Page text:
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Countess from Hong Kong, A

‘Flowers are smiling bright/Smiling for our delight…’ An ailing Charles ‘Charlie’ Chaplin takes an abysmal lurch into colour, directing Marlon Brando as he romances displaced Russian aristo Sophia Loren on a Pacific cruise. Patrick Cargill, Margaret Rutherford, Carol Cleveland and Marianne Stone help spark a bit of interest for the seasoned Brit cameo spotter.



  1. George White

    May 5, 2023 at 9:55 pm

    Despite Chaplin, Brando and Loren, feels likea typical 60s Britcom, almost sub-Carry On Cruising (there’s also an unconvincing setbound Hawaii). Chaplin’s cameo feels like (an unusually absent) Stringer Davis was unavailable.

  2. Sidney Balmoral James

    May 6, 2023 at 8:25 am

    Brando was famously horrified by how Chaplin bullied his son Sydney on set. It does have an old hat feel to it for 1967 – the same year that Bonnie and Clyde came out!

  3. Richardpd

    May 6, 2023 at 10:09 pm

    This is yet another film with an eccentric cast list, with the likes of Patrick Cargill, Michael Medwin, Margaret Rutherford & Dilys Laye at the Creamy end of the spectrum to contrast with Tippi Hendren.

    I never knew the lyrics to This Is My Song were written by Charlie Chaplin especially for this film.

  4. Glenn Aylett

    May 7, 2023 at 4:20 pm

    Chaplin’s career really should have ended with his last classic film, The Great Dictators, and this film was directed by a man most people would associate with silent comedy, where he excelled, or his send up of fascism in The Great Dictators. However, worth a look due to that actress who never appeared more than half way up the cast list, Marianne Stone.

  5. Richardpd

    May 8, 2023 at 11:15 am

    Apparently Chaplin started developing this during the 1930s, which explains it dated feel.

  6. Glenn Aylett

    May 8, 2023 at 11:45 am

    Chaplin’s glory days were in the 1920s and 1930s and he seemed to struggle after The Great Dictators as he was typecast as either a master of silent comedy or someone who could mock Hitler. Similarly another huge 1930s star, Shirley Temple, was typecast as this cute kid that everyone loved, but as soon as she reached adolesence, she found her acting career dried up and she struggled to find work.

  7. Richardpd

    May 8, 2023 at 10:08 pm

    It’s common with child stars to lose their star power once they grow up, Shirley Temple also married someone who was a gold digger & managed to spoil her reputation.

    • Glenn Aylett

      May 10, 2023 at 6:32 pm

      @ Richardpd, Shirley Temple did appear in a decent western, Fort Apache, when she was in her early twenties, but few people could take her seriously as an adult star. She later went into politics, though with no desire to reach the White House like another actor from the 1930s, and ended up as an ambassador to Czechoslovakia.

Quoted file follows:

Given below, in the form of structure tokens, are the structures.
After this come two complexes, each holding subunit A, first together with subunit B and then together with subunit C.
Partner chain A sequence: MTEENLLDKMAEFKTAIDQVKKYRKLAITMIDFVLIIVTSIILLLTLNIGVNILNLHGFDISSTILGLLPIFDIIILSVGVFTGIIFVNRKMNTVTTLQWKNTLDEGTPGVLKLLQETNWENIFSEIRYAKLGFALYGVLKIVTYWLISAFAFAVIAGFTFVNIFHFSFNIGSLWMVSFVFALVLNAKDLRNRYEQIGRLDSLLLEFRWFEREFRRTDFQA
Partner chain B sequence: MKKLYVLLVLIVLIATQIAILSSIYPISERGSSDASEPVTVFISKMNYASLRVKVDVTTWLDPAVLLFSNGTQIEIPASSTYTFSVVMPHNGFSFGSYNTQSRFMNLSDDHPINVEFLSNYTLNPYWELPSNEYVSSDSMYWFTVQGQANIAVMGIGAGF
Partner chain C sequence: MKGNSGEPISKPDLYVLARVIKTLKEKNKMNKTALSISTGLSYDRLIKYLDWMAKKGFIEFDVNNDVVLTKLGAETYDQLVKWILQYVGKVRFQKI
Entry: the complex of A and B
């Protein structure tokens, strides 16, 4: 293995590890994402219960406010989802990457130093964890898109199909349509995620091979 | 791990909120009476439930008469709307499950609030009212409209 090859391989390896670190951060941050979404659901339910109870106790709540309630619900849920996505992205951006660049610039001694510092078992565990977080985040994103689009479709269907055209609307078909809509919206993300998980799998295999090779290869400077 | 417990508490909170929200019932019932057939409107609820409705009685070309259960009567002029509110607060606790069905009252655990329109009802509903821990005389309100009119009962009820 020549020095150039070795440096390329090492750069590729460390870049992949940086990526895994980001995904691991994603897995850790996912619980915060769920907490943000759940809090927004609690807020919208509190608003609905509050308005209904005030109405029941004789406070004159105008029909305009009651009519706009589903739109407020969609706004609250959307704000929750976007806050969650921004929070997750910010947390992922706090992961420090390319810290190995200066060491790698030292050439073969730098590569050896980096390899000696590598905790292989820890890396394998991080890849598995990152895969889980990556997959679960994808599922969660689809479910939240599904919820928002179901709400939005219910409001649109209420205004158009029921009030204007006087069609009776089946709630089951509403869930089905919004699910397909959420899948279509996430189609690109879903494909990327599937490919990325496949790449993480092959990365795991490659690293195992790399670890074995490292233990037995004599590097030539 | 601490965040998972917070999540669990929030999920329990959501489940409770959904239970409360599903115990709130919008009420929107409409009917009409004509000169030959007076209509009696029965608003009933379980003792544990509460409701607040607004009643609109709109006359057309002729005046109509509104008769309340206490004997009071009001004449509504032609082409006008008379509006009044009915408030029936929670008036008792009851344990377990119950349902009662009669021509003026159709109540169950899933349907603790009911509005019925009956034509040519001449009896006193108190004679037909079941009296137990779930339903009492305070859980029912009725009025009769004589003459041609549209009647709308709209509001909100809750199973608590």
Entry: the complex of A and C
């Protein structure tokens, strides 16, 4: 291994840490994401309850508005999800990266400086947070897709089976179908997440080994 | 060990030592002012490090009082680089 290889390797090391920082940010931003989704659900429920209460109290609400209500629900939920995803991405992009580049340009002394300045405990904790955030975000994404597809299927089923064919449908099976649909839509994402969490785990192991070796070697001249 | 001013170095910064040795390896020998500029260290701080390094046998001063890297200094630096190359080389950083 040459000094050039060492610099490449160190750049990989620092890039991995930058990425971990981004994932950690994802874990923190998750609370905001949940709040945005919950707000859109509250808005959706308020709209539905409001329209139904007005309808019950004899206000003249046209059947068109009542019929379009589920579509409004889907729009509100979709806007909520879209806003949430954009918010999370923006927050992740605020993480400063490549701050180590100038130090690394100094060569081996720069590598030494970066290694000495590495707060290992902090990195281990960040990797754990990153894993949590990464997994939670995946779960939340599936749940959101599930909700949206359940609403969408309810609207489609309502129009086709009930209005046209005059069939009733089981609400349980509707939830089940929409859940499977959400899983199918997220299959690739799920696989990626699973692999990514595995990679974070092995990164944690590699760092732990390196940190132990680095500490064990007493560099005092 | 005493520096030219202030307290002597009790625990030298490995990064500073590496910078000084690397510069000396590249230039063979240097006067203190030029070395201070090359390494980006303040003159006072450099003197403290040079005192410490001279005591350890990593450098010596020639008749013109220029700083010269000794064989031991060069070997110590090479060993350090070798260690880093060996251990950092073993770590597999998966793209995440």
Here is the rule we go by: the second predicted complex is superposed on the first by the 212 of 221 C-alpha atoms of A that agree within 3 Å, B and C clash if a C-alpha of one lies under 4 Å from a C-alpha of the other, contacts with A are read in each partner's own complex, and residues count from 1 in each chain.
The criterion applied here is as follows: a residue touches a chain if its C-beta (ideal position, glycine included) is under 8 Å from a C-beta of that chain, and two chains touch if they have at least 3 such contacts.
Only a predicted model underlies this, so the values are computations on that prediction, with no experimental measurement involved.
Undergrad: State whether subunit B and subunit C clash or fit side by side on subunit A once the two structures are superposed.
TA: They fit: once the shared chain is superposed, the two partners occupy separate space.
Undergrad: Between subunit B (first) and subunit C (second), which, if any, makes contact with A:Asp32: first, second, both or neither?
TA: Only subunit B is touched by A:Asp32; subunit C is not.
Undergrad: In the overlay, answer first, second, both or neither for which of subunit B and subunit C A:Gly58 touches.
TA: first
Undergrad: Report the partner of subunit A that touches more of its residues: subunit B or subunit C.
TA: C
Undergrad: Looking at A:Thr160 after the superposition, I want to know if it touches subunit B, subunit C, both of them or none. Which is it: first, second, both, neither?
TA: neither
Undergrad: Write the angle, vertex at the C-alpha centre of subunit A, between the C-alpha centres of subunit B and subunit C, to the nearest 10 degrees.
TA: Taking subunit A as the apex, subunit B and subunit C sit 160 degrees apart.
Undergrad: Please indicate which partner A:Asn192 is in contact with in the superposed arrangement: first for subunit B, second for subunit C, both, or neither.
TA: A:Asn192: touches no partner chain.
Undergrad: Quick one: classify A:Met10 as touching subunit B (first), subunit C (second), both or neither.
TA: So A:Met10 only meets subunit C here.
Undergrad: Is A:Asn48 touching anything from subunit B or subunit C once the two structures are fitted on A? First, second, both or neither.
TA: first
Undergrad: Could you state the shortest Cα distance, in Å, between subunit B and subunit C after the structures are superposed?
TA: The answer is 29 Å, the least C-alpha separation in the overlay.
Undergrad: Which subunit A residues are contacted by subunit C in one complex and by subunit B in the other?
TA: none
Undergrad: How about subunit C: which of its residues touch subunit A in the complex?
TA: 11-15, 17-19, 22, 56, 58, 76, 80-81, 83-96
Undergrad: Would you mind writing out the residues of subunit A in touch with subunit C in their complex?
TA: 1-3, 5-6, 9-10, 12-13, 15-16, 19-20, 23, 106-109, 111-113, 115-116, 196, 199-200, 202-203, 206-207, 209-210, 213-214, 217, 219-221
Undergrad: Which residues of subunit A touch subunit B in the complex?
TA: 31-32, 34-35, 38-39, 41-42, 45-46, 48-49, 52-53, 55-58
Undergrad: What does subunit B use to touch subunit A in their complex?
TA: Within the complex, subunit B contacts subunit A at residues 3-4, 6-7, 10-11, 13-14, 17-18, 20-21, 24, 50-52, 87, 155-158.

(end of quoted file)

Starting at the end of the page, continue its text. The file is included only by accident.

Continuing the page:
8. Droogie

    May 9, 2023 at 1:49 am

    Limelight by Chaplin from 1952 has its moments. It’s a bit schmaltzy, but the scene where he and Buster Keaton perform together as old music hall partners is magical.

  9. Sidney Balmoral James

    May 9, 2023 at 6:53 pm

    Incredibly, Chaplin was refused permission to re-enter the US when making Limelight, because of his perceived anti-America views, and his moral turpitude. The Academy, in a move of perhaps unrivaled bitchiness, gave an honorary Oscar to Harold Lloyd, for being a good citizen, which was designed to compare him favorably with Chaplin. Ironic in the extreme, as Lloyd was notorious for his womanising and according to Hal Roach had a number of illegitimate children. He also spent his retirement taking pictures – thousands of them – of women in various states of undress. Chaplin was also, along with Noel Coward, P. G. Wodehouse and Max Beerbohm, one of that select group of world-famous British cultural icons, who didn’t get their knighthood until virtually on their deathbeds due to living abroad (and supposedly in tax exile). Wodehouse of course also blotted his copybook in the war, but no serious person ever thought he was guilty of anything other than bad judgment.

    • Glenn Aylett

      July 8, 2023 at 3:29 pm

      The Inland Revenue was something top British actors had to be wary of from the 1940s onwards, as the top rate of tax hit 97% in 1945 and stayed above 80% until 1979. Michael Caine, Richard Burton, Rex harrison, Noel Coward, Sean Connery and Roger Moore were the best known examples of actors who escaped the supertax, and Michael Caine is always keen to remind people of how he was sympathetic to the Labour Party as he came from a poor background until they wanted to take most of his money away and make him poor again.

      • Richardpd

        July 8, 2023 at 11:01 pm

        Robert Shaw seemingly moved to the USA to avoid the supertax, but then ran afoul of the tax authorises there as well. Supposedly when he wasn’t required for scenes in Jaws he flew to Canada to keep his days in the USA down to a minimum.

  10. Richardpd

    May 9, 2023 at 9:46 pm

    Supposedly, Chaplin was quite a ladies man & not above using the casting couch on some upcoming starlets.

    He was originally considered for a knighthood in the 1930s, but the American government pulled enough strings to get it blocked!

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